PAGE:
, must have vindicated their freedom I would instantly leave her, for I am not openly; there was no middle way. But so ahandoned as to play the hypocr:te should they have tamely received the that I detest, and have often detested it


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to my great loss. But I am not of that very sensible how tender a point I am opinion, that it is for the interest of the discussing. However, I cannot but ob church to conceal her defects; on the serve, that for my own part, upon the contrary, I think I do her the greatest maturest and most sober consideration, I service possible by pointing them out, so take him to be a greater friend to Christhat they may be remedied to the satisfac- tianity in general, and to this church in tion of all good men. She ought not to particular, who studies to unite as many be ashamed of the truth, and falsehood dissenters as may be to us, by a reasonwill never hurt her.”

able comprehension, than he who is

against it." It appears that Mr. Watson's conduct It is urged by Mr Watson, that the obtained much notice; for he preached church of England herself does not claim another sermon at Halifax, entitled “ Mo a perfection which is insisted upon as her deration; or a candid disposition towards distinguishing quality by some of her those that differ from us, recommended over zealous advocates. He says, “The and enforced.” This he also printed, first reformers were wise and good men, with the avowed view of “ promoting but the Common Prayer they published of that moderation towards all men which was little better than popery itself; many becometh us as Christians, is the orna- indeed have been the alterations in it ment of our profession, and which we made since then ; but as, through the should therefore labour to maintain, as unripeness of the times, it never had any we desire to walk worthy of the vocation but imperfect emendations, we may reawherewith we are called, with all lowli- sonably suppose it capable of still further ness and meekness, with long suffering, improvements.” Deeming the service ap, forbearing one another in love, endeavour. pointed for this day as inappropriate, and ing to keep the unity of the spirit in the referring to suggestions that were in his bond of peace.”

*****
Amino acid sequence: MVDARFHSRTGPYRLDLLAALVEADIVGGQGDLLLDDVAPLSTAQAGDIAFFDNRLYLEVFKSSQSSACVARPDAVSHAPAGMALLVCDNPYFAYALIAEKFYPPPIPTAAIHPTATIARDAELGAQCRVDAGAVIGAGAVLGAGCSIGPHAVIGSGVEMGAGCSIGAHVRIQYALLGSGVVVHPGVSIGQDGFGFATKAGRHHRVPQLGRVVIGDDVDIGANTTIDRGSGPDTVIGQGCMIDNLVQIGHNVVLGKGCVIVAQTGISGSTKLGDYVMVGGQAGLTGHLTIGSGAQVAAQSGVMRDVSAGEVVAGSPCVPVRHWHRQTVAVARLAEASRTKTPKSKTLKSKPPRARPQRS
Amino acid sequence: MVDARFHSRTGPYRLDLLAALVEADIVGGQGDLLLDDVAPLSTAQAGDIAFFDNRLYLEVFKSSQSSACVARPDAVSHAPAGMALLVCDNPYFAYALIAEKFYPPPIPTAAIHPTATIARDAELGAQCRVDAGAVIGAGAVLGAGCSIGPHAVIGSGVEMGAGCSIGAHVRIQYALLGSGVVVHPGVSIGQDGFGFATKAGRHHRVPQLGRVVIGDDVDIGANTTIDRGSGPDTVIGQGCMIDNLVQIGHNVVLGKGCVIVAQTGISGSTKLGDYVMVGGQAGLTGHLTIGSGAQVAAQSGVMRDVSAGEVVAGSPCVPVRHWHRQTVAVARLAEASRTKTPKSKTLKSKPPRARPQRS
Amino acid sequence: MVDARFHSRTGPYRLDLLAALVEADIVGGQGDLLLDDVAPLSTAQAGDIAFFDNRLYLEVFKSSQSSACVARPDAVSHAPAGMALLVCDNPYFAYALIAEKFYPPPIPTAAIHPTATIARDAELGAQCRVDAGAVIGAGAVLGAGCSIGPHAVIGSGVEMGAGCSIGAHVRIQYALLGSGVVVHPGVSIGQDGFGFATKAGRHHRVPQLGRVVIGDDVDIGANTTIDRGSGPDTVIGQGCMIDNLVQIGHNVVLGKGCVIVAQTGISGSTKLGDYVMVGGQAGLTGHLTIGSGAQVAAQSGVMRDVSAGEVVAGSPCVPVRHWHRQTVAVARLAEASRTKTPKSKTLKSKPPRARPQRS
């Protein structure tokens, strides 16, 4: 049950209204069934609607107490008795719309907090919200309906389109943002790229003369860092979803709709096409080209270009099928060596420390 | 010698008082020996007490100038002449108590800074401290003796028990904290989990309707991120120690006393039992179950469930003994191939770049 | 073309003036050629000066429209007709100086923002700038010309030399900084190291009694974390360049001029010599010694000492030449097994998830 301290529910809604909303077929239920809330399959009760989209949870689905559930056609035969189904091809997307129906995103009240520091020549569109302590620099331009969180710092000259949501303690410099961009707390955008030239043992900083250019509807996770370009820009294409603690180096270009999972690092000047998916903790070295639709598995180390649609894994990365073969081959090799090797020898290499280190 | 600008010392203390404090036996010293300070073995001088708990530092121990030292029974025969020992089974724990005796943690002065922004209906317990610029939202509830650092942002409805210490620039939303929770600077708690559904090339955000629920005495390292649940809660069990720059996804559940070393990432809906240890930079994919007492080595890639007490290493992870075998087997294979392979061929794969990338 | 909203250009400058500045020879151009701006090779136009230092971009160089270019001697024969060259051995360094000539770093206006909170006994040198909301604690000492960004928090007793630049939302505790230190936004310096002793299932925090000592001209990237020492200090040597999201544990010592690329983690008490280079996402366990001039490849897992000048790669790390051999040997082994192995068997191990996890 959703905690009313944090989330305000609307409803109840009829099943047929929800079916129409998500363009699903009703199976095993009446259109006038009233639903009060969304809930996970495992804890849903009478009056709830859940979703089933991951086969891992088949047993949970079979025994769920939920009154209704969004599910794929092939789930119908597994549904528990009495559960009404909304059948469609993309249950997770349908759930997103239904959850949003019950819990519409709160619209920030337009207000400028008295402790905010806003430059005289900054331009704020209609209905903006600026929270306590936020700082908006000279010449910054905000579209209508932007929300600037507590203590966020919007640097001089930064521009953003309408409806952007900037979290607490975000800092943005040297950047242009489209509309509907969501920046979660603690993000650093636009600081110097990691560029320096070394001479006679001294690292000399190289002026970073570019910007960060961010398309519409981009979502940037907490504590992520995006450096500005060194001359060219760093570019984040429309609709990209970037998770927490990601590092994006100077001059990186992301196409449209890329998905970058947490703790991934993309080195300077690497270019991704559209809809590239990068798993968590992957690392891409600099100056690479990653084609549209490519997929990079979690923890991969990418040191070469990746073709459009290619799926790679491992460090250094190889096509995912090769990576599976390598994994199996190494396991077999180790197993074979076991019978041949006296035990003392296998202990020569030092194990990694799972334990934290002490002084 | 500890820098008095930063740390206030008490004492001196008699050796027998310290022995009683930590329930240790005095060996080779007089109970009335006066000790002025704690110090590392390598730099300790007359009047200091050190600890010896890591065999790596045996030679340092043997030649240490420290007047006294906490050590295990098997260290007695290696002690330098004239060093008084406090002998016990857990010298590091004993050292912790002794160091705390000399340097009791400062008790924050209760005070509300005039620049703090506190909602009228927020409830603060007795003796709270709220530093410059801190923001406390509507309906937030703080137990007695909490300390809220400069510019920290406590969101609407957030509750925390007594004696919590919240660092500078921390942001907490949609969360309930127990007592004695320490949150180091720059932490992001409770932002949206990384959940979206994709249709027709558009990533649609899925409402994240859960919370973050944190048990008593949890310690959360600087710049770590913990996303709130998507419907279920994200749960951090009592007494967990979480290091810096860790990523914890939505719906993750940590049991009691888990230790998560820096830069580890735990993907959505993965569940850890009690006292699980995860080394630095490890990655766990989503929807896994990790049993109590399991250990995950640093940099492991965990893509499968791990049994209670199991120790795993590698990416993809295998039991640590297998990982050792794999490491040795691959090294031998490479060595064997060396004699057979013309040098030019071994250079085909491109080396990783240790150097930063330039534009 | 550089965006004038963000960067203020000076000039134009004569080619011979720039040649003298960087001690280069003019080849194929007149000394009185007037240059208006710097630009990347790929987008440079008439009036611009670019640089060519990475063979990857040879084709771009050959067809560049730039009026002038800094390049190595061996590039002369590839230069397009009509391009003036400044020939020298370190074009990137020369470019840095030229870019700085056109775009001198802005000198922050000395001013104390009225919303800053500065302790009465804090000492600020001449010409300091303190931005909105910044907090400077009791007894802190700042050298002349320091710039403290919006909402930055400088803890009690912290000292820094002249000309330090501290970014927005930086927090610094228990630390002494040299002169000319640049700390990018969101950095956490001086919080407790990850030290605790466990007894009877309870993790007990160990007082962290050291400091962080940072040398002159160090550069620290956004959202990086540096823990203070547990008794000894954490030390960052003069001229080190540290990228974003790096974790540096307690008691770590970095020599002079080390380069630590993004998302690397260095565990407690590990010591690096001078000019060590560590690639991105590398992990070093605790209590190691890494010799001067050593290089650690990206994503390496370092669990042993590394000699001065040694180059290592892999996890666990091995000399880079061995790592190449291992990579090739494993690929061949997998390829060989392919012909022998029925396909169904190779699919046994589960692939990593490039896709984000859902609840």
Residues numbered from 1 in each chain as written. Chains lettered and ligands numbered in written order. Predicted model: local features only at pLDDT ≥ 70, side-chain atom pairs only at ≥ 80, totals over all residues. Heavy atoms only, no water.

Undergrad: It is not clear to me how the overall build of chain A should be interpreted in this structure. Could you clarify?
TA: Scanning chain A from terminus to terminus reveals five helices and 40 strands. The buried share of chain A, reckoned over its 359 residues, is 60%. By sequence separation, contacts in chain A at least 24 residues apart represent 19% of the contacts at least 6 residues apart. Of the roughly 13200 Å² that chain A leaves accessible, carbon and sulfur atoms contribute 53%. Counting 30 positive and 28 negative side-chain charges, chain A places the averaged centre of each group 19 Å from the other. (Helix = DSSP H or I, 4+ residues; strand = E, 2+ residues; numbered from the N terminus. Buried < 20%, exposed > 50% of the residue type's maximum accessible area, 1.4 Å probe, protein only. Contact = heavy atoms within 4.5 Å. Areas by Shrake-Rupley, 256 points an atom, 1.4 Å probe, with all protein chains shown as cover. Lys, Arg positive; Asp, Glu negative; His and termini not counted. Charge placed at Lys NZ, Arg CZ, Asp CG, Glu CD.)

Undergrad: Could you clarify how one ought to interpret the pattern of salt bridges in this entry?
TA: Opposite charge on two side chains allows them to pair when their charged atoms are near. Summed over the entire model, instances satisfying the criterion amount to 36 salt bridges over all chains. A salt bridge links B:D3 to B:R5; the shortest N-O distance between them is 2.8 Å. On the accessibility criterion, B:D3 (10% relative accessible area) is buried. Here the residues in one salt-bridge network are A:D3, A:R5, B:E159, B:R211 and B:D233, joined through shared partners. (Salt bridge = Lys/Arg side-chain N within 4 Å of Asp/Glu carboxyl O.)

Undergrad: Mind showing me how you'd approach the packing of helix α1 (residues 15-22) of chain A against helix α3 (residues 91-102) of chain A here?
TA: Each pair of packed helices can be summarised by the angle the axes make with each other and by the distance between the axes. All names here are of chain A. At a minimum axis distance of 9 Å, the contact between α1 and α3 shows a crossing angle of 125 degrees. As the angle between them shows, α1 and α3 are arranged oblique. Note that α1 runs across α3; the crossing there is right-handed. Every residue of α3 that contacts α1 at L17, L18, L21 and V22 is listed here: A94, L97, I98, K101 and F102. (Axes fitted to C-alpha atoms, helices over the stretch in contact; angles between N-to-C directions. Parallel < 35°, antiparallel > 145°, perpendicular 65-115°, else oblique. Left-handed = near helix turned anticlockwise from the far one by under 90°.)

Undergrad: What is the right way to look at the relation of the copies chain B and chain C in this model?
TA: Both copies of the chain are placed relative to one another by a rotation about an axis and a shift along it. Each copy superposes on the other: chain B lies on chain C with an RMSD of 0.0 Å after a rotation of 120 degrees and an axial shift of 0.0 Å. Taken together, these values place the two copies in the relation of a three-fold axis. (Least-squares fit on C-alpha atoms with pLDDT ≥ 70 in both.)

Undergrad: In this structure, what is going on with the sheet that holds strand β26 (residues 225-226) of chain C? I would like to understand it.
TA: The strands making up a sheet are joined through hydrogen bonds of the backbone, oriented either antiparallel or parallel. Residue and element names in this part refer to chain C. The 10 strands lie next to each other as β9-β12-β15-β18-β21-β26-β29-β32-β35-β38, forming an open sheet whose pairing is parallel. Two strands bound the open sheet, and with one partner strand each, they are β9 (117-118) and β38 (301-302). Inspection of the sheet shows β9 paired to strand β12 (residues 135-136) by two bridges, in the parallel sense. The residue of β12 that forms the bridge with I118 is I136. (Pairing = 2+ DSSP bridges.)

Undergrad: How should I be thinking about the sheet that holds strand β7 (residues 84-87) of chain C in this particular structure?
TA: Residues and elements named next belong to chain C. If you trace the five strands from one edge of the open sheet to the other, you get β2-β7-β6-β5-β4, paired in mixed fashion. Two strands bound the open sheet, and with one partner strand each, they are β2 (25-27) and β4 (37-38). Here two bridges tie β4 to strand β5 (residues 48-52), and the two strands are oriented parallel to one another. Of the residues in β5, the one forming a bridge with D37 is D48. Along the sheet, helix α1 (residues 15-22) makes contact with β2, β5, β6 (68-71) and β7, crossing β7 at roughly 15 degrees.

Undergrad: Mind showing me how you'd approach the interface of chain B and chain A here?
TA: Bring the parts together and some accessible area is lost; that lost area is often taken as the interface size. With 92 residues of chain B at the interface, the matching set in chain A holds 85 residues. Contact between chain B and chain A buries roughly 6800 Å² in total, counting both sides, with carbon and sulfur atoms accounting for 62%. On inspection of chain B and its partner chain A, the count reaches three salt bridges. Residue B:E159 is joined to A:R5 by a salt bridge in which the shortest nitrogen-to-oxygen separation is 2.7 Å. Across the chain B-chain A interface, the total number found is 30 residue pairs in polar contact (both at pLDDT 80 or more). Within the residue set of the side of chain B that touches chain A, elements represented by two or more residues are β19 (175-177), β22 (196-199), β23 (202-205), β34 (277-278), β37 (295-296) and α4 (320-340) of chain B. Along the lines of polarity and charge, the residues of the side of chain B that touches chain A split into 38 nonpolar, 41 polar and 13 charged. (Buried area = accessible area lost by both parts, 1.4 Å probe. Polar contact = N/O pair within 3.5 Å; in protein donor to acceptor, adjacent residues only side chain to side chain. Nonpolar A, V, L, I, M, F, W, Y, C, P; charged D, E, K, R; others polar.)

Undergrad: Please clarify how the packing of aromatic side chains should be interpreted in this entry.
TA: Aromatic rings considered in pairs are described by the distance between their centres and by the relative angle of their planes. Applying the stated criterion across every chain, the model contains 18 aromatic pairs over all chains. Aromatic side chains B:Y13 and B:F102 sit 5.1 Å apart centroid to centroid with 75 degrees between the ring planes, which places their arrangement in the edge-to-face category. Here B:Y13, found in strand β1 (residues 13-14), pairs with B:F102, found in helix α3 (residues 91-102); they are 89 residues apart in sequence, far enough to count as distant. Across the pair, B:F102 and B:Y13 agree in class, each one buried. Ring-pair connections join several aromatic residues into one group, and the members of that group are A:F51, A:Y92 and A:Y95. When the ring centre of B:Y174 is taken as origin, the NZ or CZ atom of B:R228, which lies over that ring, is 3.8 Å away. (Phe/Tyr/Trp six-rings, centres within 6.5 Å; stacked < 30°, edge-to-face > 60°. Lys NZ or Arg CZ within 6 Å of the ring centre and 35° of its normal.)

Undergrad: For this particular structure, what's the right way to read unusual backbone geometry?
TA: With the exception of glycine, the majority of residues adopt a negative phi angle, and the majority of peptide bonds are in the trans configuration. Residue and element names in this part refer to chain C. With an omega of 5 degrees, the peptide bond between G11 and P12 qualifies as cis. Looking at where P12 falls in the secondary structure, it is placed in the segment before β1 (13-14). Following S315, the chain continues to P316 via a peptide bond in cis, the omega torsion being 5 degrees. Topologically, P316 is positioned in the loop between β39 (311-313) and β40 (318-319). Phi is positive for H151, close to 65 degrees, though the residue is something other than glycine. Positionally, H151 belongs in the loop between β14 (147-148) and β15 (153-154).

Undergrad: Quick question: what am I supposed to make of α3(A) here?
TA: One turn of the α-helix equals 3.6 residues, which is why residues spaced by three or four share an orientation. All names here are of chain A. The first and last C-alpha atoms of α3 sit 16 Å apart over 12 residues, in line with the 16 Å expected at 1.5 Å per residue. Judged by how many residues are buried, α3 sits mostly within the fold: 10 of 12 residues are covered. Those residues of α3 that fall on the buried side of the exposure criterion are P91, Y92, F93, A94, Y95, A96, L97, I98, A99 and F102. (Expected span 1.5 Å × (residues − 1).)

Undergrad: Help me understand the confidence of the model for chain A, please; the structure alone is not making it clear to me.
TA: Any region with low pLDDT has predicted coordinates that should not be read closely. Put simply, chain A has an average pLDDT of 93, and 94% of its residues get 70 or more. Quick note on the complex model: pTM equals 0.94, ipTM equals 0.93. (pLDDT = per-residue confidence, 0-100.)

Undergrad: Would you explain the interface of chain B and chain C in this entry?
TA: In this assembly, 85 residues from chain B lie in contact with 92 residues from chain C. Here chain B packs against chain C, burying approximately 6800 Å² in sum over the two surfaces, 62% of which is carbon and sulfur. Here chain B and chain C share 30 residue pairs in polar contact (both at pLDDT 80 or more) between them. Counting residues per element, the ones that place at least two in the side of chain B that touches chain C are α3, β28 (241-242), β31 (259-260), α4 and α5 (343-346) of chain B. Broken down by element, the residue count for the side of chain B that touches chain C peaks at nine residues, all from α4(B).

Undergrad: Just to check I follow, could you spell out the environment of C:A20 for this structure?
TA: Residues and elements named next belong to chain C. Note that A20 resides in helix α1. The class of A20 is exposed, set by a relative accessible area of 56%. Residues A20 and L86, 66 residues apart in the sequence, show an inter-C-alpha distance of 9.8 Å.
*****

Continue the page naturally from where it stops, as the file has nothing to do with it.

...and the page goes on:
He proceeds to observe time urged upon public attention for a in this discourse, that whoever reflects review of the liturgy, he proceeds to say, upon the nature of human constitutions, “ There may be men at work that misrewill readily allow the impossibility of per- present this good design; that proclaim, fection in any of them; and whoever con as formerly, the church's danger; but let siders the mutability of human things, no arts like these deceive you; they must will grant that nothing can be so well be enemies in disguise that do it, or such devised, or so sure established, which, in who have not examined what they object continuance of time, will not be corrupted. to with sufficient accuracy. What is A change of circumstances, to which the wished for, your own great Tillotson hinbest constituted state is liable, will require self attempted : this truly valuable man, such alterations as once would have been with some others but little inferior to himneedless : and improvement of observa- self, being sensible that the want of a tion will demand such regulations as sufficient review drew many members nothing else could have discovered to have from the church, would have compromised been right. Of this the wise founders of the difference in a way detrimental to no the established church of England were one, beneficial to all; and had he not very sensible; they prudently required been opposed by some revengeful zealots, no subscription to perfection in the church, had certainly completed what all good well knowing that they but laid the foun- men have wished for." dation stone of a much greater building than they could live to see completed. The Editor of the Every-Day Book The Common Prayer, since it was first has Mr. Watson's private copies of these properly compiled, in the year 1545, has printed tracts, with manuscript additions undergone sixteen alterations, as defects and remarks on them by Mr. Watson became visible, and offence was thereby himself. It should seem from one of these given to the promoting of separations and notes, in his own hand-writing, that his divisions: noble examples these-fit for opinions were not wholly contemned. the present age to imnitate ! for, as ninety Regarding his latter discourse, be observes years have elapsed since the last review, that “ the late Dr. Sharp, arehdeacon of ihis experienced age has justly discovered Northumberland, in a pamphlet, called that the amendments, at that time made, ‘A Serious Inquiry into the Use and Imwere not sufficient. I could produce you portance of External Religion;' quotes many instances; but I forbear; for I am this sentence, Where unity and peace are